Friday, April 14, 2006

Factoid Central

Two interesting things that I learned while sitting on my butt watching the Science channel all day yesterday:

1. During part of the year, the Mekong River in Cambodia actually flows backwards. The river floods dramatically each year (up to 10 m), which is a critical part of agriculture in the region. However, so much water flows down the river from headwaters in Tibet that it actually backs up one of the major tributaries and fills up the Tonle Sap lake -- which grows to five times its normal size. It is assumed that this backwards flow allowed stone and building materials to be moved to the site of the Angkor Wat temple.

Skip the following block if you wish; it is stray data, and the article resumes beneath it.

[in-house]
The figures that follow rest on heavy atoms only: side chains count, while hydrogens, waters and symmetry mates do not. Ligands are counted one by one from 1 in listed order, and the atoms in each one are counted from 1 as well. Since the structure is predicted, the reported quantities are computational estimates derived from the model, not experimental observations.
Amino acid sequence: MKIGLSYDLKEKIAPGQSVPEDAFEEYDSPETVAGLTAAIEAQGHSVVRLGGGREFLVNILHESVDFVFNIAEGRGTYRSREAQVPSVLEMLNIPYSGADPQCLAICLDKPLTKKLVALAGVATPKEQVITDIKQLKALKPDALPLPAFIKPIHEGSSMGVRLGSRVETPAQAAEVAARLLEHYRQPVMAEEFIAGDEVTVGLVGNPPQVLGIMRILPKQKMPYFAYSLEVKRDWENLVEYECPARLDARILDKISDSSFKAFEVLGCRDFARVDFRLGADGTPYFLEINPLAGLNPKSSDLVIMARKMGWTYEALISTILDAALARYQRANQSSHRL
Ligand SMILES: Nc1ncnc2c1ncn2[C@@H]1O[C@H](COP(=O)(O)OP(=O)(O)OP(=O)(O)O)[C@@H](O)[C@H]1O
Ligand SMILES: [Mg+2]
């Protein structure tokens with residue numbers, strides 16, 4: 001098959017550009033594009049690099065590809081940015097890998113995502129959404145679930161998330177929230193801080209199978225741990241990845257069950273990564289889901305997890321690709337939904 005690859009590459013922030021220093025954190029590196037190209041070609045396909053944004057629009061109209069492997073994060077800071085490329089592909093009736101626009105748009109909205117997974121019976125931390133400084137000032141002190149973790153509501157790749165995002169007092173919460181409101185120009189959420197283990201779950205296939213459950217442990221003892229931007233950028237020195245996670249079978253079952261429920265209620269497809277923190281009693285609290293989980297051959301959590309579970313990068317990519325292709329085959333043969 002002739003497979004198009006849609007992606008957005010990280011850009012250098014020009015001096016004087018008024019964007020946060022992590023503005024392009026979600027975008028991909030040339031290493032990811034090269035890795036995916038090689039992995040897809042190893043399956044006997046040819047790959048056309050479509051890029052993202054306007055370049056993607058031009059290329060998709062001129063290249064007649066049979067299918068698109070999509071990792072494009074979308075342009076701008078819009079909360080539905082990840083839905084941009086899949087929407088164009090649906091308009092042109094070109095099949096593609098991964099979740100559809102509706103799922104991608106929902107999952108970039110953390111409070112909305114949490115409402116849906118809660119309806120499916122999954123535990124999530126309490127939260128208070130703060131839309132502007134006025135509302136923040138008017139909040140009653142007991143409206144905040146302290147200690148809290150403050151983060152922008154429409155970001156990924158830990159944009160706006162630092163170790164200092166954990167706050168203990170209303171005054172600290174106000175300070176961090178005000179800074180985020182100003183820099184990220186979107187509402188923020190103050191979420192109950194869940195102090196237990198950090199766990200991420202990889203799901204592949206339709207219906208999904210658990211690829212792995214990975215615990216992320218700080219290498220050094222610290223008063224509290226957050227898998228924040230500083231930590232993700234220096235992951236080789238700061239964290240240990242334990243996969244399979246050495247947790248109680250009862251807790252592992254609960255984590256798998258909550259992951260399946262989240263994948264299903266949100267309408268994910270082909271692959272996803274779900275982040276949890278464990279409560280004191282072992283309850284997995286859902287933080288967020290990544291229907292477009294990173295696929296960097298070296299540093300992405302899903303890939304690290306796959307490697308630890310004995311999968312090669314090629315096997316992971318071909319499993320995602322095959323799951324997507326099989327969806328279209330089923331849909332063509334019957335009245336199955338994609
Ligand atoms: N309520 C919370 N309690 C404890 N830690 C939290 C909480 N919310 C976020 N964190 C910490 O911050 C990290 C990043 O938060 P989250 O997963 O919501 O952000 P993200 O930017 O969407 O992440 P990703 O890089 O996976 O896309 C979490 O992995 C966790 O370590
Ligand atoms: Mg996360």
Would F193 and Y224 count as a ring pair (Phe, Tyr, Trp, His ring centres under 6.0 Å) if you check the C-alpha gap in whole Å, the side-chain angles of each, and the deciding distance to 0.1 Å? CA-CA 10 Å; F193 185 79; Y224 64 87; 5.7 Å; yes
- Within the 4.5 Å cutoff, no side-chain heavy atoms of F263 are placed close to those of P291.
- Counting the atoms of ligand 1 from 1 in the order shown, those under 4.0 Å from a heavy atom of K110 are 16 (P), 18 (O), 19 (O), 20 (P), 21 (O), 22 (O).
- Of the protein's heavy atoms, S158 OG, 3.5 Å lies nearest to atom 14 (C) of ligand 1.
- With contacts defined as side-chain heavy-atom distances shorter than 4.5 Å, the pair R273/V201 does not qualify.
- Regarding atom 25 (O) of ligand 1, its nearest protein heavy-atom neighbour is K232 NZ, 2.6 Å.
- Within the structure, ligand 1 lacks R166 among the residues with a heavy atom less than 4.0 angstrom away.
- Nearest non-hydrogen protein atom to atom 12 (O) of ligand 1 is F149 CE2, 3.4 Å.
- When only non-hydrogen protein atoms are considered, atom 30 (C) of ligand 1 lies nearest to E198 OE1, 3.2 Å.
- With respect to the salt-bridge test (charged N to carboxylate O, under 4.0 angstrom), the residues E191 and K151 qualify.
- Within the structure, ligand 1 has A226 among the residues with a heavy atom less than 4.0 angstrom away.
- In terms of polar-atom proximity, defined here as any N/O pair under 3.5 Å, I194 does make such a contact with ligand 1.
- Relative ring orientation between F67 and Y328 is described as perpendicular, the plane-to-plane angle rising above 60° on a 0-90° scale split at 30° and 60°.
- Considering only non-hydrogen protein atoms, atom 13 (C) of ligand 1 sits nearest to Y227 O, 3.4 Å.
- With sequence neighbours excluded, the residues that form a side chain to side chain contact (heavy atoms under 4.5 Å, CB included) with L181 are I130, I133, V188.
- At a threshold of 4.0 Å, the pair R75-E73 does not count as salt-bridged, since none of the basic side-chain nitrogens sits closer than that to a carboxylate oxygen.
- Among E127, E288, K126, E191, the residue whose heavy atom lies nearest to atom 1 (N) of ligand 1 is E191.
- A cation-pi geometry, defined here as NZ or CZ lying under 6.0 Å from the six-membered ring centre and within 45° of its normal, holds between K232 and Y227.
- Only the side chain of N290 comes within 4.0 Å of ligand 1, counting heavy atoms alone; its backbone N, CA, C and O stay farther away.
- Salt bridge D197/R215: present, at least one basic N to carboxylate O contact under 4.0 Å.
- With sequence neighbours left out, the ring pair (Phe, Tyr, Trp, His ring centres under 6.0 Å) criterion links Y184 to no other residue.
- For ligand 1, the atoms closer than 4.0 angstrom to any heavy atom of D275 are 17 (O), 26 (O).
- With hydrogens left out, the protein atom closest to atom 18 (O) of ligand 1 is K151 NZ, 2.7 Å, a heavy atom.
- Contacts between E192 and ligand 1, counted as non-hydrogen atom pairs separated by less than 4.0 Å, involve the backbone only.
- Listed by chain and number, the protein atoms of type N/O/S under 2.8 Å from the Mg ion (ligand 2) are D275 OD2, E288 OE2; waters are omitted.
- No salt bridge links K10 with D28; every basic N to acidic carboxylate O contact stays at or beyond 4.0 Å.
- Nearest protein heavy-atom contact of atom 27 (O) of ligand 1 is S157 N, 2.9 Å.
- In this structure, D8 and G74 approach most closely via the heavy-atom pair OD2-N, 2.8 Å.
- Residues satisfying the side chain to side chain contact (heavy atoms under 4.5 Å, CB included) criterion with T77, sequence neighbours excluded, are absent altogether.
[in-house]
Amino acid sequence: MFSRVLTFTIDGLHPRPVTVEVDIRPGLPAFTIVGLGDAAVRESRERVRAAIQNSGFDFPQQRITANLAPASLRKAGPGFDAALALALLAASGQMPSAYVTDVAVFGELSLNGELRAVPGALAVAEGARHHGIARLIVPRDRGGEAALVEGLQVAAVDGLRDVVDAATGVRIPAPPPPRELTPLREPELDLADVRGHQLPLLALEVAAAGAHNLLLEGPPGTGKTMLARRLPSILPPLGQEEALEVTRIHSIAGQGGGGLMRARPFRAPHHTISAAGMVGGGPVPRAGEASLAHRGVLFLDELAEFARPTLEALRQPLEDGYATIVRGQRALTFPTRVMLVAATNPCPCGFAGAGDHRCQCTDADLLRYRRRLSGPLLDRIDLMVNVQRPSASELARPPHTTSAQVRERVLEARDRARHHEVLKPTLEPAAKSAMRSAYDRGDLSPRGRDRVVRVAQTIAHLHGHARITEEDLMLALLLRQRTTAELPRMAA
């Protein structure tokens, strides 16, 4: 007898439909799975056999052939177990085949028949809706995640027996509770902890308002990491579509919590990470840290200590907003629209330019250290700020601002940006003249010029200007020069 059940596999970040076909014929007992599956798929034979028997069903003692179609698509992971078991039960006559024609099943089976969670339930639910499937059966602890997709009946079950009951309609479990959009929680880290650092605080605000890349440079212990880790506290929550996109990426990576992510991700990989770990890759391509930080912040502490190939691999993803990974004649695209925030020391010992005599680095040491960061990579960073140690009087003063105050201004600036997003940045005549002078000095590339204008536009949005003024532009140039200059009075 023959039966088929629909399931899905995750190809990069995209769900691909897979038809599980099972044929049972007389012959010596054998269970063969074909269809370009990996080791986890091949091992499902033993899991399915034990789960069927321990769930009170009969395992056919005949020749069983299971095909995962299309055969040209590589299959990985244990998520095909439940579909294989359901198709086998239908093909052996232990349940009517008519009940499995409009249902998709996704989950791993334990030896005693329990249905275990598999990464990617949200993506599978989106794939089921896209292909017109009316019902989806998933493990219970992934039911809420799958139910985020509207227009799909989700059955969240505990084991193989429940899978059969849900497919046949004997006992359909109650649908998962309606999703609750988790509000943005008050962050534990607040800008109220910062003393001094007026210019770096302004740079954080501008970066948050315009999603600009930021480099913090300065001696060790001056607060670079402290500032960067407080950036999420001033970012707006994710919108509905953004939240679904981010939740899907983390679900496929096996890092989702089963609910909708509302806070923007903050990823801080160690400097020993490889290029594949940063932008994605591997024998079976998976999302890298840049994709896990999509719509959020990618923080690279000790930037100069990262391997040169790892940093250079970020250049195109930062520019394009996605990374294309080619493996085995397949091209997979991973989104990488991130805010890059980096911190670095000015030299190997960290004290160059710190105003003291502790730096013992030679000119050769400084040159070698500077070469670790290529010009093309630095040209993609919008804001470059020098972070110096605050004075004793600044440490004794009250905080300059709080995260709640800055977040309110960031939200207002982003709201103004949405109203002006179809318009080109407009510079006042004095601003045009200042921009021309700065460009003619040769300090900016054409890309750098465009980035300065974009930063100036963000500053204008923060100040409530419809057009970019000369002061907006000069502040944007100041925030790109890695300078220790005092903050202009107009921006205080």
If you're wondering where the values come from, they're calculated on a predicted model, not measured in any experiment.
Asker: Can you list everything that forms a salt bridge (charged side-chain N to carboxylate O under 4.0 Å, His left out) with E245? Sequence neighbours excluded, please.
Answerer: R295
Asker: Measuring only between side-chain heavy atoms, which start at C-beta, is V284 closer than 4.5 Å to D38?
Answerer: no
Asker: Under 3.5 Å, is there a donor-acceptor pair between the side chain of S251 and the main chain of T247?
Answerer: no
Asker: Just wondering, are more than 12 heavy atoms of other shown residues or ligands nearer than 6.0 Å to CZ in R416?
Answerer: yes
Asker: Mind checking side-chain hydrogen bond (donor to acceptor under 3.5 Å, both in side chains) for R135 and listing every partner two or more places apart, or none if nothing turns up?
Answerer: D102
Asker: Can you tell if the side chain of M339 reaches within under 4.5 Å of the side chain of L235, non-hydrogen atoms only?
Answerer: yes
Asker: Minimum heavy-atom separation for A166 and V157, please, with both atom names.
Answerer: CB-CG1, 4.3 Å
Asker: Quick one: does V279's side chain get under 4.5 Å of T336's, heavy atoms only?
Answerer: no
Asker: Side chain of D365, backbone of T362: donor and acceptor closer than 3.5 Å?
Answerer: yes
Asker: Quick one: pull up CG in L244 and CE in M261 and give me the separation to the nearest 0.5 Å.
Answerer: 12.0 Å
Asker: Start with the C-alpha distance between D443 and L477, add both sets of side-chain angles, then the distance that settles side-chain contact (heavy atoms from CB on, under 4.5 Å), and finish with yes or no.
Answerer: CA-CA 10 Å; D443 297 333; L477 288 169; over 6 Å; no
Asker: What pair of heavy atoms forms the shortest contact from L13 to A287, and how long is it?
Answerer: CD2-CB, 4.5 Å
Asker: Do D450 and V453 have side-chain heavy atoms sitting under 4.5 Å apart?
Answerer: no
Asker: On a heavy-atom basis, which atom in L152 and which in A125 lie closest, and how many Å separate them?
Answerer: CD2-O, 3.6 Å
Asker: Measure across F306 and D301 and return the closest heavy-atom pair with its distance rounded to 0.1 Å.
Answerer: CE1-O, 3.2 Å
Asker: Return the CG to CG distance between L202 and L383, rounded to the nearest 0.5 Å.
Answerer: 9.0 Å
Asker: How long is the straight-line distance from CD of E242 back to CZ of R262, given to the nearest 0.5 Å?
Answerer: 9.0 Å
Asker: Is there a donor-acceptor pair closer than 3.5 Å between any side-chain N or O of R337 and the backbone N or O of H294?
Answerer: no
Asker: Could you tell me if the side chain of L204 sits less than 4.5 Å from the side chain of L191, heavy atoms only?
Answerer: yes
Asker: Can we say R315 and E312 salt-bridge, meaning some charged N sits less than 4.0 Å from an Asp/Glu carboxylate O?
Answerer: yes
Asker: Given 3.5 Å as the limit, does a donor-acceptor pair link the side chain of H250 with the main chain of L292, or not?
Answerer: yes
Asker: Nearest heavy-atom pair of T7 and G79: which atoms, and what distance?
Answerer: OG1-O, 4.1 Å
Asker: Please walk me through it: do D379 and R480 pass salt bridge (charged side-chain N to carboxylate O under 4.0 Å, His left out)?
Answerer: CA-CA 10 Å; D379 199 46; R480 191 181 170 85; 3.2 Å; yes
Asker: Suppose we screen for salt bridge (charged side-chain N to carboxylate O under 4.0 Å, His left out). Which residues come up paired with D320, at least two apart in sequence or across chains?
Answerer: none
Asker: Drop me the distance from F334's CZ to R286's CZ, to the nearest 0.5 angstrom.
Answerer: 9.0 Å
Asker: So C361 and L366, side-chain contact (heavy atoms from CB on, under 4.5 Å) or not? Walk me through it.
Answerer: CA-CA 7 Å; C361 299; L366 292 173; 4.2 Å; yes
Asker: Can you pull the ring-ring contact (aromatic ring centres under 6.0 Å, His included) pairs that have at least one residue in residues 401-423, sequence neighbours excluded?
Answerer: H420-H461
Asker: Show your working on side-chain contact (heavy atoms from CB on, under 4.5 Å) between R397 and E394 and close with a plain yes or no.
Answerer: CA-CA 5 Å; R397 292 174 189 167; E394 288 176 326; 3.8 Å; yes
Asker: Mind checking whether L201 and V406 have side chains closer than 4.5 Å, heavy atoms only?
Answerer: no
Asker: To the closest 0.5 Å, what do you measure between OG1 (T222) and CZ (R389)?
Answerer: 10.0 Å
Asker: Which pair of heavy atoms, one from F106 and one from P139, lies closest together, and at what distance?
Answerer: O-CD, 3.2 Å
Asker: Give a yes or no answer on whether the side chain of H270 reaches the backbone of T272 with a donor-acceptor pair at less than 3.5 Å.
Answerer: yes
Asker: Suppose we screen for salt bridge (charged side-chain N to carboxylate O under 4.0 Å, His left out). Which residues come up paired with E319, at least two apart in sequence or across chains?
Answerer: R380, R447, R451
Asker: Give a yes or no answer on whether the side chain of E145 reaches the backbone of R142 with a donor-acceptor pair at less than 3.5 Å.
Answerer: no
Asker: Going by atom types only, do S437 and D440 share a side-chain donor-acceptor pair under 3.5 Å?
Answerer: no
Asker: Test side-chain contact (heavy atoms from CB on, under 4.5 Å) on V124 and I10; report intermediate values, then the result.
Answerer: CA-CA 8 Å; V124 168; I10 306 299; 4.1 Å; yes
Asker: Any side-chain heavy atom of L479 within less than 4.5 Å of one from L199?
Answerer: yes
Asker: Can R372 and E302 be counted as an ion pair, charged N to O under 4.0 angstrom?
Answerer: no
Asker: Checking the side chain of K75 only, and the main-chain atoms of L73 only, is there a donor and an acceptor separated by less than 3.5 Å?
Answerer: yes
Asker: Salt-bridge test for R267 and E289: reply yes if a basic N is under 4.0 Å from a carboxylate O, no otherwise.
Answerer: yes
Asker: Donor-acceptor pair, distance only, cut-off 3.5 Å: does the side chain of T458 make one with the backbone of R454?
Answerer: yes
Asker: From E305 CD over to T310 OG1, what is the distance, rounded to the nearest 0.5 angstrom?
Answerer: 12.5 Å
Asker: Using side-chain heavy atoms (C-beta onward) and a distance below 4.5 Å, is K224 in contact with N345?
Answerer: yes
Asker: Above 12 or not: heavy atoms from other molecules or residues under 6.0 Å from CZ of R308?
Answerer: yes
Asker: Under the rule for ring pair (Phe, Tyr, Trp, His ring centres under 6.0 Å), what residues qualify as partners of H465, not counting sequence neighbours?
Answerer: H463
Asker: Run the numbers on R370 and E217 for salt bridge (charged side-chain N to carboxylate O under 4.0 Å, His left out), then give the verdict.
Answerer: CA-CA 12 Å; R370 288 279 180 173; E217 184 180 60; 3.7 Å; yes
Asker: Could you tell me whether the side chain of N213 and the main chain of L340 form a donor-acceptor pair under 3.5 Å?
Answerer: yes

2. A patrician Roman during the height of the Roman Empire consumed nearly 20 mg of lead every day. Lead was used in cookpots, water storage, in wine, concentrated in many of the food stuffs because of lead in the storage containers; it was in makeup, and generally permeated the environment. Current studies show that the human body can handle 1-2 mg a day without ill effects (only about 5% is ever absorbed), but safely levels are in the micrograms. No wonder they were all insane. (Learned this one from Hot Rocks).

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